The Telltale Sign Your Dutch Baby Is Finished Cooking

A cross between a popover, pancake, and Yorkshire pudding, a fluffy Dutch baby with crispy golden edges and a tender middle is a dreamy dessert with a striking appearance. However, its impressive billowy structure can deflate quickly once it's removed from the oven if it hasn't cooked through properly. If your Dutch babies are failing to rise or collapsing before you've had the time to adorn them with your favorite toppings you need to watch for these telltale signs before you pull them out of the oven; a golden-colored puffy edge with a crisp texture, and a paler but set center.

A perfect Dutch baby should have a pillowy perimeter that's risen up the sides of a hot cast iron skillet, and a soft crater-like dip in the middle. This shape is created when the smoking fat in the pan and the whisked eggs in the mixture meet the heat of the oven to create a surge of rising steam, causing that characteristic puff. Similar to making a Yorkshire pudding, you must keep your Dutch baby in the oven until it develops a deep golden brown color at the edges to guarantee that its exterior has set. Be mindful that its circumference will likely look darker through the glass of your oven door so resist the urge to retrieve it too early. The center should be paler than the edges but fully set. Depending on the size of your skillet, this can take anywhere from 15-20 minutes.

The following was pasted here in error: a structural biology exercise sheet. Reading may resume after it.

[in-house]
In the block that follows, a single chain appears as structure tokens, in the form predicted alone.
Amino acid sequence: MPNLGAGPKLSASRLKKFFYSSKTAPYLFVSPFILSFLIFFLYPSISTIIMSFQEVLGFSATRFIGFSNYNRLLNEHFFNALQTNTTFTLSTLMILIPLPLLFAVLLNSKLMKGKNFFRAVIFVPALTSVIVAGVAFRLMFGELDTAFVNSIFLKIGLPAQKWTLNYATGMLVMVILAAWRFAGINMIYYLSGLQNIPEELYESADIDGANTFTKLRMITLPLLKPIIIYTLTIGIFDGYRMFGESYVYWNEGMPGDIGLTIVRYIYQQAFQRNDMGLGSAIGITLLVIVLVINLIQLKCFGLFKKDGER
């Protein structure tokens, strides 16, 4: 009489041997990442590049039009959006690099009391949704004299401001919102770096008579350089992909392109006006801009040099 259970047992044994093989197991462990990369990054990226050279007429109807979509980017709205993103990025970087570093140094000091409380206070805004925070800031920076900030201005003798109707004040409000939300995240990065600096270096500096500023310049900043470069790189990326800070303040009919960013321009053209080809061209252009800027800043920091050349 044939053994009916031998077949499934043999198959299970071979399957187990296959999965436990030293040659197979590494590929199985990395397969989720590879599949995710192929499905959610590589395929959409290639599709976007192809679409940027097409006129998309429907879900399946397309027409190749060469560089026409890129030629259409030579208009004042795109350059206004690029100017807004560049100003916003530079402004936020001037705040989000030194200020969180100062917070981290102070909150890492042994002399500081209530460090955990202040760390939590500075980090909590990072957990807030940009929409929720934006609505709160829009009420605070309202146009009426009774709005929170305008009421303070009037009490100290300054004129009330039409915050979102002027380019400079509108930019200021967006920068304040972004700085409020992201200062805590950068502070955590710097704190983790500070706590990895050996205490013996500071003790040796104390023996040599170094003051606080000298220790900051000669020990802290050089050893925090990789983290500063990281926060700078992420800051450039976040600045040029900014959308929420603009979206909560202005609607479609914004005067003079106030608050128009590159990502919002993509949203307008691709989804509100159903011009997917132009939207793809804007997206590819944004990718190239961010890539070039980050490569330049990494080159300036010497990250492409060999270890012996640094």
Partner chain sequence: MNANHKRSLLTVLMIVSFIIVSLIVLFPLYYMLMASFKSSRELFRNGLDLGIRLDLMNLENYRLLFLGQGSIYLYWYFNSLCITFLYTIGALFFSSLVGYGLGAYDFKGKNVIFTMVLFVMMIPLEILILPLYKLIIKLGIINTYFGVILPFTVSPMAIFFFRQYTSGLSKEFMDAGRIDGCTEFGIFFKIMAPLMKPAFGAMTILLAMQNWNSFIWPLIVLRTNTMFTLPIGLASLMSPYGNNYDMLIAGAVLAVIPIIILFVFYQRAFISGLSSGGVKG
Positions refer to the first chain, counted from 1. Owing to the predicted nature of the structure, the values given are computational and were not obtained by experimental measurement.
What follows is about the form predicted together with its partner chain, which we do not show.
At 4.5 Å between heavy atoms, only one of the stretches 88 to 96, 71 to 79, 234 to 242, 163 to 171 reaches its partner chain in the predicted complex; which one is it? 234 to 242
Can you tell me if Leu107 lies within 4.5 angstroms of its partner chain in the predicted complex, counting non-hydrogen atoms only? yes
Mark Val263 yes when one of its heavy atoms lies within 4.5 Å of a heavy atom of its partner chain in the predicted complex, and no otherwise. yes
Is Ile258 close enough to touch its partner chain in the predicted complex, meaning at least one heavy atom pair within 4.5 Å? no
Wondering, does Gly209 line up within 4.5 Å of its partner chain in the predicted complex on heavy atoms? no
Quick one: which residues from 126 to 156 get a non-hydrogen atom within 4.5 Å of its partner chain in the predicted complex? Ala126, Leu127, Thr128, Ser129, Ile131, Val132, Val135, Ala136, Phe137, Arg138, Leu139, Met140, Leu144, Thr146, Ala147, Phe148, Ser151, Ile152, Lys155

Dutch babies are supposed to sink

A Dutch baby that's finished cooking properly will retain it's risen shape longer than an undercooked one, but it will eventually sink as the steam escapes so don't be disheartened. Simply have your toppings assembled beforehand so you can pile them into the fluffy hollow immediately and dig in. Billowy Dutch babies are commonly filled with sweet ingredients, such as fresh fruit, syrup, and preserves, or the classic combo of powdered sugar and a citrusy spritz of lemon juice. Having said that, they're equally as good paired with savory ingredients. For example, you can top them with thin slices of ham, chives, and a dollop of mustard to make a quick protein-powered brunch, or team them with fried eggs and bacon instead of opting for regular old pancakes in the mornings. 

Indeed, the awesome thing about Dutch baby batter is that you can make it a day ahead and store it in the fridge until you're ready to cook. This extra resting time helps the gluten in the flour develop, which encourages a loftier rise. Plus, it's super-convenient to prep things in advance so you have more time to gather your toppings. Then you can dress up your Dutch baby with fancy caramelized pears or keep things simple with honey and dollop of Greek yogurt.